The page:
What if those in charge of the local process are themselves accused or otherwise thought or known to be corrupt? How can we know that those reviewing cases locally are trustworthy in the first place? If they are hand-picked by the bishop, and accountable to him alone, we have no such guarantees—but I think we must.

To get around this problem, as I argue in my book, there must be this foundational principle in place: no human being, or group of people, should ever be given a monopoly on power in any organization for any reason. This is always to invite disaster.

So bishops cannot have a monopoly on deciding exclusively how to deal with cases of sexual abuse. Rather, what needs to happen is that the ancient institution of the diocesan synod must be revived. It must be elected annually from the parishes, and it must appoint several of its members (say seven people, only two of whom can be clerics) to form a commission charged exclusively with reviewing all cases and coming up with a proposed course of action. They then send all this to the comparable commission of the neighboring diocese for review, and after this they present the case to the bishop for a decision. The bishop’s decision must then be presented in person and explained in writing. Appeals to the archdiocese, and only lastly to Rome, could happen afterwards if a perpetrator or victim felt that justice was denied.

In this way we cut off an episcopal monopoly on decision-making, we allow a wide range of people responsibility for helping to heal the Church, and we relieve Rome of a burden it never had historically.


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About Dr. Adam A. J. DeVille 85 Articles
Dr. Adam A. J. DeVille is associate professor and chairman of the Department of Theology-Philosophy, University of Saint Francis (Fort Wayne, IN) and author of Orthodoxy and the Roman Papacy (University of Notre Dame, 2011).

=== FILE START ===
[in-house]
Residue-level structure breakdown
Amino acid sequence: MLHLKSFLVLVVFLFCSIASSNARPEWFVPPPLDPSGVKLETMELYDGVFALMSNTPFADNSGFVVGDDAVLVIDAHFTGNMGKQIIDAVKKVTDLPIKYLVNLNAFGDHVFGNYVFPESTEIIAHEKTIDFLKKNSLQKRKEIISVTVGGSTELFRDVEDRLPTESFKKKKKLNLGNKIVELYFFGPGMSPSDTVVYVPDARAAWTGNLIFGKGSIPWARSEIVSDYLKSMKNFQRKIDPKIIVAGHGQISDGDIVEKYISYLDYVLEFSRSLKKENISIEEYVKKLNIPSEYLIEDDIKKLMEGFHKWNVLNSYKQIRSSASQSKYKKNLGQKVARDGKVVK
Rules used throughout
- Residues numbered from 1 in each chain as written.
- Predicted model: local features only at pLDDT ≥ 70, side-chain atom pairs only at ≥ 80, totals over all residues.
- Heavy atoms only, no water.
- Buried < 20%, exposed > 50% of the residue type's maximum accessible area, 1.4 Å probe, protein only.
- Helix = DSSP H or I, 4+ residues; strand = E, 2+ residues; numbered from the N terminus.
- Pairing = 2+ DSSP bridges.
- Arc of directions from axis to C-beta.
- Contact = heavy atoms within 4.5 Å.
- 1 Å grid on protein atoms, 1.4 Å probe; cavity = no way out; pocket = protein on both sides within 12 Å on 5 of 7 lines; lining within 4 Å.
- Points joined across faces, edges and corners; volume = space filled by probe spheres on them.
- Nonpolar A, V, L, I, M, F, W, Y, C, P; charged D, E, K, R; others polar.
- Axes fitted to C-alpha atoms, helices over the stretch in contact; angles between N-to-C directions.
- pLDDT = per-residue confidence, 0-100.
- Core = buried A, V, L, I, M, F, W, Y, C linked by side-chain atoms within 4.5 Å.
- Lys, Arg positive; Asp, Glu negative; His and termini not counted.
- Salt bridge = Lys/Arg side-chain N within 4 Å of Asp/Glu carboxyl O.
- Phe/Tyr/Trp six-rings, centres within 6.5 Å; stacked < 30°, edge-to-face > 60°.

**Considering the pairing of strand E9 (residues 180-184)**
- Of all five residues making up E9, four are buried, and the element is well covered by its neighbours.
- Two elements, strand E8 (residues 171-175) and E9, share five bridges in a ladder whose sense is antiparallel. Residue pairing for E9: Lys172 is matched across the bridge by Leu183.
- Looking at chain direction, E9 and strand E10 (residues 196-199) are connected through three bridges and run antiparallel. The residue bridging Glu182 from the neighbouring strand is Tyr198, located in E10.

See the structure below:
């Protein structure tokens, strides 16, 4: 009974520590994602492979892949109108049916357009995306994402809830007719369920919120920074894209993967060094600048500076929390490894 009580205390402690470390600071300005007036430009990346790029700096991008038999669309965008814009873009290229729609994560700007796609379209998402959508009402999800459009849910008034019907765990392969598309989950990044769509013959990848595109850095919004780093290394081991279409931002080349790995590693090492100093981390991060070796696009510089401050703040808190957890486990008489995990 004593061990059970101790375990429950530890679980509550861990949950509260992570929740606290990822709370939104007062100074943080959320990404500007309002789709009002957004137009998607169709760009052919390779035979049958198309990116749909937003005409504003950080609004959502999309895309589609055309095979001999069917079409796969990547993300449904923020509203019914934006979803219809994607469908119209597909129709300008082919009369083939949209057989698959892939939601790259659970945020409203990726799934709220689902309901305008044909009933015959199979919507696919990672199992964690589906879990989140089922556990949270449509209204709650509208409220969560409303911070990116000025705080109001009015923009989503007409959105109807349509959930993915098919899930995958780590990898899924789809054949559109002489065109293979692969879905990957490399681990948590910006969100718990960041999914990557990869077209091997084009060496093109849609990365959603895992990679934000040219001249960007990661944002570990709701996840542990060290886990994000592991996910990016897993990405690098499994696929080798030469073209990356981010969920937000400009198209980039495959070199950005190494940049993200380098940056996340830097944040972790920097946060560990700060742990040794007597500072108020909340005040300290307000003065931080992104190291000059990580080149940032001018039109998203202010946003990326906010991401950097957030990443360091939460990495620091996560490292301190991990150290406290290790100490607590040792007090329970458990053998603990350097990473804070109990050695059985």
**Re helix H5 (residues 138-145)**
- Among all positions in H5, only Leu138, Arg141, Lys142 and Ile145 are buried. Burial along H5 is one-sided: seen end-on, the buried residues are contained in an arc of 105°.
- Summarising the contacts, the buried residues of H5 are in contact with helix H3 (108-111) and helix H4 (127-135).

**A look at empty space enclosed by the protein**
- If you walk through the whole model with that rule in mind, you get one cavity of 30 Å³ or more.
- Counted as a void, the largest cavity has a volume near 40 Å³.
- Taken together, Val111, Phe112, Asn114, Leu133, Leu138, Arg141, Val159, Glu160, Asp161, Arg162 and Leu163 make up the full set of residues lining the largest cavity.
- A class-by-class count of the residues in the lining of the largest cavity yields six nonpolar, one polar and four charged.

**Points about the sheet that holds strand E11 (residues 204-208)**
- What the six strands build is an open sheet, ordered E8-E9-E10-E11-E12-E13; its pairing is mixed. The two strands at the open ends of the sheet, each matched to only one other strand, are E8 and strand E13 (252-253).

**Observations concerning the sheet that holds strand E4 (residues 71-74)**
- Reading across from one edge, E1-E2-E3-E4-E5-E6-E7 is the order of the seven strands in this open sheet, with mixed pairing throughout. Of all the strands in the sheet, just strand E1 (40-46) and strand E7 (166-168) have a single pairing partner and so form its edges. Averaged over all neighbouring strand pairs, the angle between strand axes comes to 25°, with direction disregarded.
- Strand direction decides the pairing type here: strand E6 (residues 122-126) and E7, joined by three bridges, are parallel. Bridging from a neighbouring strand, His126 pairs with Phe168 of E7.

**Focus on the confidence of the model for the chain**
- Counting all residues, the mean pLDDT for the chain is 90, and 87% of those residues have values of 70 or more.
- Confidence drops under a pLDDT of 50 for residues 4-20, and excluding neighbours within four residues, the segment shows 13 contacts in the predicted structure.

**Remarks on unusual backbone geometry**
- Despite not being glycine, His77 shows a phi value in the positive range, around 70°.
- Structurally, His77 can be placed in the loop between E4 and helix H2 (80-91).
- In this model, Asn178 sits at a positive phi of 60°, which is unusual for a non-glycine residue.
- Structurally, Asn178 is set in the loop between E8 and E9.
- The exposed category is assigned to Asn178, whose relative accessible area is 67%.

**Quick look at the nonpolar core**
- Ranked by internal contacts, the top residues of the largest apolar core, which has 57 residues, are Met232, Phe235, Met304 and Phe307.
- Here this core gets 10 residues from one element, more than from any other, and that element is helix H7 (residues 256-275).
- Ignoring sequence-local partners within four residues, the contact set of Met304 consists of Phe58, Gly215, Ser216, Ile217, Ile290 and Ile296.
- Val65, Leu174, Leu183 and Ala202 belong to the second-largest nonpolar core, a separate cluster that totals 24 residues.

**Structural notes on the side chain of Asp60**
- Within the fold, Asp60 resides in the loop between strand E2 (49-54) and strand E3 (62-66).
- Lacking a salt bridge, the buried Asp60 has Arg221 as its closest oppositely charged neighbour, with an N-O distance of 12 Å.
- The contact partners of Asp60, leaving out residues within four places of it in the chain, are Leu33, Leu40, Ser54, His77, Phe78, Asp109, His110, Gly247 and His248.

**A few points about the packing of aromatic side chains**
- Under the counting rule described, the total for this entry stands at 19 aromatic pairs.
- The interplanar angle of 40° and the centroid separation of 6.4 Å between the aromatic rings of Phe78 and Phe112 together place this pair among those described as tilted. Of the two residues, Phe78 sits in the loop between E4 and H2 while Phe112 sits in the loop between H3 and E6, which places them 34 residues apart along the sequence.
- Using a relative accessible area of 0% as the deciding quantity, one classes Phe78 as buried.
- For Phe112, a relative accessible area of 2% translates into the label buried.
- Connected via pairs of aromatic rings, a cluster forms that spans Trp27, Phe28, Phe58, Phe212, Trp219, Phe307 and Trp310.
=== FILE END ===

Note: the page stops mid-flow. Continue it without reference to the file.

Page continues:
8 Comments

  1. Dear Mr. DeVille:

    Your 6th paragraph poses a diverting question that can be understood (or should think perhaps misunderstood?) as an accusation against Benedict XVI for “asserting (central) control over sex abuse investigations in the CDF, when he was head of the CDF.

    I have read your book “Everything Hidden…” and understand your proposal about diocesan synods.

    Setting your idea aside, you ought to avoid floating misleading questions about Joseph Ratzinger and investigating sex abuse as head of the CDF.

    Here are some questions and answers that I pose to lead us back to the light of the facts, and away from the very misleading detour on which your essay relies.

    Q1: Was sex abuse investigation centralized in the Vatican by Ratzinger as head of the CDF?

    A1: No.

    Q2: If not, who had the central control of sex abuse investigations in the Vatican before the task was given to the CDF during the papacy of John Paul II?

    A2: The Vatican Secretary of State, under the corrupt Cardinal Sodano, accused of being on the payroll of the sociopath sex abuser and fraud Marcel Maciel, head of The I’ll-begotten Legion of Christ.

    Q3: Was the CDF under Ratzinger in a position to assert authority over the Secretary of State and take control of sex abuse investigations away from Cardinal Sodano.

    A3: No, because in the 1970s, under Pope Paul VI, the Church demoted the Congregation for the Faith, which was for centuries the most senior Congregation, and elevated the Secretary of State as the most important Congregation (seeming to place world affairs as more important than faith itself).